In Q2 2010, ScanLife processed 10 scans per minute through their scanning apps.
By Q2 2011, that number had risen to one scan per second.
THOUGHT: That’s quite an increase.
I think we’re still in the novelty phase of adoption. Scanning QR codes is, after all, one of the cool things you can do with your smart phone and it is one of the things you can do to show off the capabilities of your smart phone to your dumb phone friends.
I think consumer education will be pretty easy. Once someone points out QR codes and explain what they are, you tend to start seeing them everywhere. I was at a Saint Paul Saints game recently and practically every poster I saw there sported a QR code.
Then there’s the simple curiosity factor: What’s on the other side of that QR code? What will it lead me to?
Unfortunately, we are also in the early-adoption phase for marketers as well.
What tends to happen during this phase is people implement QR code campaigns simply because they think they need a QR code campaign. They don’t think through why they would want to do such a campaign or what they’d hope to accomplish with one. So you get a lot of QR codes that lead the scanner to the home page of their website, leaving the scanner to figure out what they’re supposed to do, if anything.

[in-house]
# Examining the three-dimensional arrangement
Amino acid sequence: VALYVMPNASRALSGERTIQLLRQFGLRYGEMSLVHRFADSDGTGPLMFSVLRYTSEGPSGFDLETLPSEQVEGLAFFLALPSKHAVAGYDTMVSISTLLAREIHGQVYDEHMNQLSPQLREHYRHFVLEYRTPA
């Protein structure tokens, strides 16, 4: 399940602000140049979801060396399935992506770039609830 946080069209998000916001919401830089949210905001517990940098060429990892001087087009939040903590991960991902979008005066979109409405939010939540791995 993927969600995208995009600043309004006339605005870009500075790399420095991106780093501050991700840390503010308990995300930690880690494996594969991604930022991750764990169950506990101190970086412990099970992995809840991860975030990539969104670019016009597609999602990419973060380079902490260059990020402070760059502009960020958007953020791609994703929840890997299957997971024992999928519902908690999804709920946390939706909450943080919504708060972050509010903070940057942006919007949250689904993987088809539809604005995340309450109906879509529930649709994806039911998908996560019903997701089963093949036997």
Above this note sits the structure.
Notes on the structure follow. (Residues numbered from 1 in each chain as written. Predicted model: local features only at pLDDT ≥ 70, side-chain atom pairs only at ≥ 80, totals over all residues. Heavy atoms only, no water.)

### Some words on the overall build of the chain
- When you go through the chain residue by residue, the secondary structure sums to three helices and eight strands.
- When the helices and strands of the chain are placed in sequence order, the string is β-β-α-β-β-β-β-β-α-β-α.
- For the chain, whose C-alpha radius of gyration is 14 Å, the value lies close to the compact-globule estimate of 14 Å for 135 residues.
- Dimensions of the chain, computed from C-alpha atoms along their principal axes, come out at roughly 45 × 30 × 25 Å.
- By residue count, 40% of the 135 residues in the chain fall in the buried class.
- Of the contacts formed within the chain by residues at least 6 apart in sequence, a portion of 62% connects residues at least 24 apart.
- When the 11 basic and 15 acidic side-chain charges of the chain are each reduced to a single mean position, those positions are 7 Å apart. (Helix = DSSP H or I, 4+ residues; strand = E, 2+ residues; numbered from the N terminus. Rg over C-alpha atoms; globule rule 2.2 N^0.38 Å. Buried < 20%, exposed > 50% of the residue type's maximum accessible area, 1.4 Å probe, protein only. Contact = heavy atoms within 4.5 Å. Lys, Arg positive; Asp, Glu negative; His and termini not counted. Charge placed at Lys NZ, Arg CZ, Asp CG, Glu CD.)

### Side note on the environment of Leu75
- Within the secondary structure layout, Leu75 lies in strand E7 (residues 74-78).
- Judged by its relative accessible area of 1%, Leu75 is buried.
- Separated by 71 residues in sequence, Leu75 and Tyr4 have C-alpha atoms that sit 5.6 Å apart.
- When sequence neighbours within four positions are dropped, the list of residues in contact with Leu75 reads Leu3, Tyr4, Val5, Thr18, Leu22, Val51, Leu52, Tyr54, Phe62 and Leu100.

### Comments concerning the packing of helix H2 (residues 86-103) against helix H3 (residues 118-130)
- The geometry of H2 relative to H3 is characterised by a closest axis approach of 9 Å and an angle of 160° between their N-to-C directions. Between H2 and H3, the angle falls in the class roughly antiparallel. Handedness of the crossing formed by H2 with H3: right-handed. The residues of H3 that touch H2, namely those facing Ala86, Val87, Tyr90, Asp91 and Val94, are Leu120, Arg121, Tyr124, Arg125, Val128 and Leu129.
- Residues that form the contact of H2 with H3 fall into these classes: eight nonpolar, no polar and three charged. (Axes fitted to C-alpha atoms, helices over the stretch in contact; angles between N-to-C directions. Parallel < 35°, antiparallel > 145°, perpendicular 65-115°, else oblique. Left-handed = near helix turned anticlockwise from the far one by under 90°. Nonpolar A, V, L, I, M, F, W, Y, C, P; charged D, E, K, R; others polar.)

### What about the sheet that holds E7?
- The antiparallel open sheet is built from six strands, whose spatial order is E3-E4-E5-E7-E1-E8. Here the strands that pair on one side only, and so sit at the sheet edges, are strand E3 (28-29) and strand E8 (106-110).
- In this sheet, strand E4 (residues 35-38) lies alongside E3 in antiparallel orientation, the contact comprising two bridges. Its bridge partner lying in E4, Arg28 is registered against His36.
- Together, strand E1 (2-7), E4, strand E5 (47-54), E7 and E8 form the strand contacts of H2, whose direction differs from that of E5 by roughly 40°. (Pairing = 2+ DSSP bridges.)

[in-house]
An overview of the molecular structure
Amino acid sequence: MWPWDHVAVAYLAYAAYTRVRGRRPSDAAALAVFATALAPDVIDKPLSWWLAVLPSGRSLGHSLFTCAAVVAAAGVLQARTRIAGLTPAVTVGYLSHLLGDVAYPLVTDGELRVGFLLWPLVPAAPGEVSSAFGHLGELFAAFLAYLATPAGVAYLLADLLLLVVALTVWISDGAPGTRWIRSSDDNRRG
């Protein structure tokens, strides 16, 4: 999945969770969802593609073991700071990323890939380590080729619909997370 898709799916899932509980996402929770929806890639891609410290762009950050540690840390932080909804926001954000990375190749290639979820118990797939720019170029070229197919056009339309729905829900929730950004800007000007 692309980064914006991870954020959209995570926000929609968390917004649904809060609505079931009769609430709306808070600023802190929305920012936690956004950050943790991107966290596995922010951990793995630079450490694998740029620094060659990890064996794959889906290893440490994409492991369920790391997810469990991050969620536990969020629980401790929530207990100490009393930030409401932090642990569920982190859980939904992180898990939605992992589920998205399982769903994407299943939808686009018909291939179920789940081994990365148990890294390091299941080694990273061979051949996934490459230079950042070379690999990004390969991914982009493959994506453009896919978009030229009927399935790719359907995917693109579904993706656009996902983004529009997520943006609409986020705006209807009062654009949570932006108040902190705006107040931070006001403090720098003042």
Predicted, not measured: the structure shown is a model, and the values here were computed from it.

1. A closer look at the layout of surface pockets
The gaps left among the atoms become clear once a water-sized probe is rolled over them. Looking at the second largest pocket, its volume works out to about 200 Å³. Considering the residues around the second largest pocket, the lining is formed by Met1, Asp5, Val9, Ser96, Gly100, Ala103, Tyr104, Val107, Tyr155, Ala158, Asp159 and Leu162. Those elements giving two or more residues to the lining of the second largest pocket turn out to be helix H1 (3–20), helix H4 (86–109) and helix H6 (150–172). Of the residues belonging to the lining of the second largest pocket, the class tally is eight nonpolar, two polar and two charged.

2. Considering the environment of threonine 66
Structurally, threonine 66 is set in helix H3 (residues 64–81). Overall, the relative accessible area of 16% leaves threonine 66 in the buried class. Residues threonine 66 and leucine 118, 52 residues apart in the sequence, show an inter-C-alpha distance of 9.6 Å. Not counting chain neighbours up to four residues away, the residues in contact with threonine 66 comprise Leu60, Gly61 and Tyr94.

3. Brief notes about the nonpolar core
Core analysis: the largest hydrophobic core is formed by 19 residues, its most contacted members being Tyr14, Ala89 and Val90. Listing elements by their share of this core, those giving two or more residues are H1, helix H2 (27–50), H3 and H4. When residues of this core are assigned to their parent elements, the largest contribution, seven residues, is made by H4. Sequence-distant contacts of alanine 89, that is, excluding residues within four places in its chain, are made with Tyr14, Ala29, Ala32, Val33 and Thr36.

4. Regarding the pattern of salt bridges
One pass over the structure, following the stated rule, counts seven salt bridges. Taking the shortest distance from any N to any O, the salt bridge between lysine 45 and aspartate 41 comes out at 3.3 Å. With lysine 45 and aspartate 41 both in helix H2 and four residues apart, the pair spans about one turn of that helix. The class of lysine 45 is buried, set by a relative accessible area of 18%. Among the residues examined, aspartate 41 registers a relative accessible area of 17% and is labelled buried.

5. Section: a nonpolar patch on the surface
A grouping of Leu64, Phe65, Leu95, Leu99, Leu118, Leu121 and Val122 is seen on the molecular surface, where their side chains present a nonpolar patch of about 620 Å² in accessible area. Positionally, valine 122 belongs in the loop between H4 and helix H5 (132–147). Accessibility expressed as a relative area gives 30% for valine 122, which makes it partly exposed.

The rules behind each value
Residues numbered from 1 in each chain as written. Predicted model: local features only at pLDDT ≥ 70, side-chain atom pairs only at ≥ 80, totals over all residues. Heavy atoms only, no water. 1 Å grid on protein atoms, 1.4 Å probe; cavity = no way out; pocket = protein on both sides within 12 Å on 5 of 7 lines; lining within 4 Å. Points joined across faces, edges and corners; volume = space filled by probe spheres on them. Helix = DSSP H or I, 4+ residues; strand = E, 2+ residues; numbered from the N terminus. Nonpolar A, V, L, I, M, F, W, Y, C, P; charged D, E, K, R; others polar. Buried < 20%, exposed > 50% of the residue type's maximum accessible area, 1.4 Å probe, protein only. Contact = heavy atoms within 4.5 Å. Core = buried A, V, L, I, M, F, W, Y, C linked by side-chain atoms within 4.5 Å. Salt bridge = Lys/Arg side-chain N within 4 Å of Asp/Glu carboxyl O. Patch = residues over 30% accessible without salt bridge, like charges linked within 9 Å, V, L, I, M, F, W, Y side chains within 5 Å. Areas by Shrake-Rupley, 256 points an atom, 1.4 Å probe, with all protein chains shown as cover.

You also get a lot of campaigns that haven’t had a lot of thought put into them.
QR codes on television commercials: By the time I realize there’s a QR code there and get my app launched and ready to scan, the commercial will have ended. If I happen to have a chance to scan, there may not be enough light in the room for the scan to properly register.
QR codes on the outside of vehicles: Seriously? Are people driving in their cars going to bother to use their phone to scan a passing vehicle, assuming they’d have enough time to do so?
Inside public transit = Good.
On bus wraps = Bad.
Karl Pearson-Carter hashtagged examples on Twitter yesterday using #QRCodeCrazy.
The list, unfortunately, does go on.
Think long and hard about the context within which your target audience will likely be doing the scanning.
KEYWORD WEDNESDAY: Americans first started searching for QR Codes in 2006 and the volume of those searches remained relatively low until last year when such searches began to spike. This year they’ve gone through the roof. 57% of the searches for QR Code are performed by men, compared to 43% for women, according to Yahoo! Clues.
Thank you for interactive books.
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